Prev. 100The Miller and His Ass1 The Miller of the Dee1 The Miller, his Son and their Ass1 The Miller, His Son, and the Ass1 The Miller, His Son, and Their Ass2 The Mischievous Dog6The Miser4 The Miser and His Gold2 The Miser and His Treasure1 The Miserly Old Woman1 The Mistress and Her Servants1 The Mole and His Mother2 The Money Box1 The Money-Box1 The Monkey1 The Monkey and the Camel4 The Monkey and the Cat2 The Monkey and the Dolphin4 The Monkey and the Fishermen1 The Monkey as King1 The Monkeys and Their Mother1 The Moon and Her Mother1 The Mother and the Wolf3 The Mountain in Labor3 The Mountains in Labour2 The Mouse and the Boasting Rat1 The Mouse and the Bull2 The Mouse and the Lion1 The Mouse and the Weasel3 The Mouse, the Frog, and the Hawk3 The Mouth and the Limbs1 The Mule4 The Mules and the Robbers2 The Munificence of Prince Borghese1 The Mute Book1 The Naughty Boy2 The Neighbouring Families1 The Nightingale2 The Nightingale and the Hawk1 The Nightingale and the Swallow1 The North Wind and the Sun4 The Nurse and the Wolf2 The Oak and the Reed1 The Oak and the Reeds5 The Oak and the Woodcutters1 The Oaks and Jupiter1 The Old Bachelor’s Nightcap3 The Old Cat and the Young Mouse1 The Old Church Bell1 The Old Farm-House1 The Old Folks we Loved Long Ago1 The Old Grave-Stone1 The Old Gravestone1 The Old Hound4 The Old House3 The Old Lion5 The Old Lion and the Fox1 The Old Man and Death6 The Old Man and His Sons1 The Old Man and the Three Young Men1 The Old Miser1 The Old Pilot and the Sailors1 The Old Play-Ground1 The Old Street Lamp2 The Old Woman and Her Maids2 The Old Woman and the Doctor1 The Old Woman and the Physician1 The Old Woman and the Wine-Jar4 The Olive-Tree and the Fig-Tree2 The One-Eyed Doe3 The Owl and the Birds2 The Owl and the Grasshopper2 The Ox and the Frog5 The Oxen and the Axle-Trees2 The Oxen and the Axletrees1 The Oxen and the Butchers3 The Oxen and the Wheels1 The Pack-Ass and the Wild Ass1 The Pack-Ass, the Wild Ass, and the...1 The Painter1 The Panther and the Shepherds1 The Paper Kite1 The Pardon of Asisi1 The Parrot and the Cat1 The Partridge and the Cocks1 The Partridge and the Fowler3 The Pea Blossom2 The Peacock1 The Peacock and Juno3 The Peacock and the Crane5 The Peacock and the Magpie2 The Peacock’s Complaint1 The Peacock’s Complaint1 The Peasant and the Apple-Tree2 The Peasant and the Eagle1 The Pen and Inkstand1 The Pen and the Inkstand2 The Penance of San Guiliano1 The Philosopher and the Acorn1 The Philosopher, the Ants, and Merc...1 Prev. 100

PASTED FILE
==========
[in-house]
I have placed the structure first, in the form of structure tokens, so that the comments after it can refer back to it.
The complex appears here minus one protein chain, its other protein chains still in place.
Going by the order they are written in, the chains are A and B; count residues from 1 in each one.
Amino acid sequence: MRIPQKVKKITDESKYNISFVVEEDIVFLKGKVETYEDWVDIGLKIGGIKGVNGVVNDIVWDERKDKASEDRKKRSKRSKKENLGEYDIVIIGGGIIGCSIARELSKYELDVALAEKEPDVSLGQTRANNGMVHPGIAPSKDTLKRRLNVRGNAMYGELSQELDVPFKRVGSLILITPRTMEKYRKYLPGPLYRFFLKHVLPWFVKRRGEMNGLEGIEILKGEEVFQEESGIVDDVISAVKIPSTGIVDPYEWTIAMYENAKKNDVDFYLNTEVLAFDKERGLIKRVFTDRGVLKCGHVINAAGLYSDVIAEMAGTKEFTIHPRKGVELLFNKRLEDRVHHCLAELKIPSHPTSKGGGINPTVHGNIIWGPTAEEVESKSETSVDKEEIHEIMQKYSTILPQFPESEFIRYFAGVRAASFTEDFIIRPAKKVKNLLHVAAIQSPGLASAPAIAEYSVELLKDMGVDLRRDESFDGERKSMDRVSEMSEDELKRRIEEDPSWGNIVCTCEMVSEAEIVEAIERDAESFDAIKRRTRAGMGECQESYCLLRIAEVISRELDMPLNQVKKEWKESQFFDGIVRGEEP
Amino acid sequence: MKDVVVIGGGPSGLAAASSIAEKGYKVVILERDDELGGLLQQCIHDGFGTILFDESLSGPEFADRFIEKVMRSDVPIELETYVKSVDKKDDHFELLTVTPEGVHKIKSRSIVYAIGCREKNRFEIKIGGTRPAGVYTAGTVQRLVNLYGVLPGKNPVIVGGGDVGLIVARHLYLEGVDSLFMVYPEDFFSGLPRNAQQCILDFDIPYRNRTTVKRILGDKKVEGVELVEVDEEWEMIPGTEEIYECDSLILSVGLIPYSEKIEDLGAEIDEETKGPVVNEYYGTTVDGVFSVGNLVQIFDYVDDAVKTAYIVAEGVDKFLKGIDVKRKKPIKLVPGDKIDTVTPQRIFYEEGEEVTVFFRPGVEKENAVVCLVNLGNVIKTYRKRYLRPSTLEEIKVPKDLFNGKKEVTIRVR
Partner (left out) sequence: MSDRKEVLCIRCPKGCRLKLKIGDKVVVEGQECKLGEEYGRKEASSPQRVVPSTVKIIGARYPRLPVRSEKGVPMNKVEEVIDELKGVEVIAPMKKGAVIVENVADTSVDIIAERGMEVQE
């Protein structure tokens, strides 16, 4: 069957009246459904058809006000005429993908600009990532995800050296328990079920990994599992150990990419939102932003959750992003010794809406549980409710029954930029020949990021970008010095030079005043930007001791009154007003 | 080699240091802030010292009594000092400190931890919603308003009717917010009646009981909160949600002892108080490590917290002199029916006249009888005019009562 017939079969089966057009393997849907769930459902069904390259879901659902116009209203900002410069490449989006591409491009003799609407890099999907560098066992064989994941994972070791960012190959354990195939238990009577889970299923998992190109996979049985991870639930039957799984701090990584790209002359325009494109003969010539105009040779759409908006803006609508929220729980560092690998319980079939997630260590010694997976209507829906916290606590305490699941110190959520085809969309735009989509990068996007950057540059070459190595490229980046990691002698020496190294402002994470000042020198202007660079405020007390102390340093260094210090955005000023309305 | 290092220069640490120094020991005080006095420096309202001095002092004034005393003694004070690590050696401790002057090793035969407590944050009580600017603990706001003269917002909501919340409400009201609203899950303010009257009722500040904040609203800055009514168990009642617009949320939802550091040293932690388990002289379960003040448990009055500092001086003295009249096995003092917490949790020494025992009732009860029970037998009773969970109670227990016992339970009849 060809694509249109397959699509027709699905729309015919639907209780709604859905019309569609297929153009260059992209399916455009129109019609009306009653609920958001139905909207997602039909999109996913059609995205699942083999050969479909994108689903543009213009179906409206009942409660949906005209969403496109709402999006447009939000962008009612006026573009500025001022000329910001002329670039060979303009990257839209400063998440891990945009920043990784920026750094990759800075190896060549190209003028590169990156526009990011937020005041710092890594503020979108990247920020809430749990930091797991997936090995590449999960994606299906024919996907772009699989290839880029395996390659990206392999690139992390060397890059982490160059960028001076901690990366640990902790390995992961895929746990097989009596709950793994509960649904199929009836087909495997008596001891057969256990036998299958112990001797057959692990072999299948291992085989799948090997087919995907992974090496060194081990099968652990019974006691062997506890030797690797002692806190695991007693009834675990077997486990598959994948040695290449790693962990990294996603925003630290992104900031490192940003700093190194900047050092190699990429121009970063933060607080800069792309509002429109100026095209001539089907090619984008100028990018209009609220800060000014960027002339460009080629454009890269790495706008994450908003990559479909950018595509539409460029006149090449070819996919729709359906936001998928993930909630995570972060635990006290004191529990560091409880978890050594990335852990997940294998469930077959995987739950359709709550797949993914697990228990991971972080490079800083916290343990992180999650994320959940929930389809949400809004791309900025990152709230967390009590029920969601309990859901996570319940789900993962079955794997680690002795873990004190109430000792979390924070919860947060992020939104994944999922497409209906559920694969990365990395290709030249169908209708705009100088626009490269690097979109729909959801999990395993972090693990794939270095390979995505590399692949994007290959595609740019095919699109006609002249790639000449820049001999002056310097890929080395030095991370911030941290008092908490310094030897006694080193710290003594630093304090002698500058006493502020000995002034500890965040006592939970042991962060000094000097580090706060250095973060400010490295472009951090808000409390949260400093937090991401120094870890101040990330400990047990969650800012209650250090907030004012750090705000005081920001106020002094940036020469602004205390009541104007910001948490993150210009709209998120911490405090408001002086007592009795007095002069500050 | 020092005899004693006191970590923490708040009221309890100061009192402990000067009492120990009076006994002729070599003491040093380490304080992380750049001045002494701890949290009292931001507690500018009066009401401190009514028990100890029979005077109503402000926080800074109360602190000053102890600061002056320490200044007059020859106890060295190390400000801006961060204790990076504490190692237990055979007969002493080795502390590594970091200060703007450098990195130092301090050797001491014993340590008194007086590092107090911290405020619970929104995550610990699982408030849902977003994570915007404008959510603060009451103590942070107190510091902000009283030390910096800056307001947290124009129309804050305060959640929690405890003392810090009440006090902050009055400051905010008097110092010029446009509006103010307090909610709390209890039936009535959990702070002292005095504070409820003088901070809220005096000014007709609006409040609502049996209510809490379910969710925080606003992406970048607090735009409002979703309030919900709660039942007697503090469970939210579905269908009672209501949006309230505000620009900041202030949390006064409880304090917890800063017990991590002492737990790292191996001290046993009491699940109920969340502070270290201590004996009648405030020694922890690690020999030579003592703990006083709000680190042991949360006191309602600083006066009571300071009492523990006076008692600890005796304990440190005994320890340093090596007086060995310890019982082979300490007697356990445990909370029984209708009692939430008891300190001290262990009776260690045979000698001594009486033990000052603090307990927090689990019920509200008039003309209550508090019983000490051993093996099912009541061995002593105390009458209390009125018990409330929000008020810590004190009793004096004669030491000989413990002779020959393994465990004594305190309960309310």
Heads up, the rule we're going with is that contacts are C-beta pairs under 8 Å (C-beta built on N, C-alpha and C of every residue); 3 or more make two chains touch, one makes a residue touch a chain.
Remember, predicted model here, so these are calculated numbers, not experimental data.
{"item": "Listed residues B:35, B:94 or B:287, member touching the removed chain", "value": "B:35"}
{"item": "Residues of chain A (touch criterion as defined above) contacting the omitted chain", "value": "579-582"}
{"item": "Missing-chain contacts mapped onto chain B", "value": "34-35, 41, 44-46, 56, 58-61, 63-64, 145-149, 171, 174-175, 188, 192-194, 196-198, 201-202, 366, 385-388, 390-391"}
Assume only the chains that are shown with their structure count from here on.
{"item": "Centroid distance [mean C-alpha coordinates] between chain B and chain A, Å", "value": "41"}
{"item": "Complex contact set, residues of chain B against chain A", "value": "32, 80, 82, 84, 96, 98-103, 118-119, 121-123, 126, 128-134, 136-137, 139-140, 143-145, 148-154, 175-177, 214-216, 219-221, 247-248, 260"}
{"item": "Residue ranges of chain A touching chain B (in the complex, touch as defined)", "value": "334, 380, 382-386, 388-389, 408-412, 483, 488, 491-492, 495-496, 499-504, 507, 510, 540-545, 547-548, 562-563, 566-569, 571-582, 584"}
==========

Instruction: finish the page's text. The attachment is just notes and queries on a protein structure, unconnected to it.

The Mischievous Dog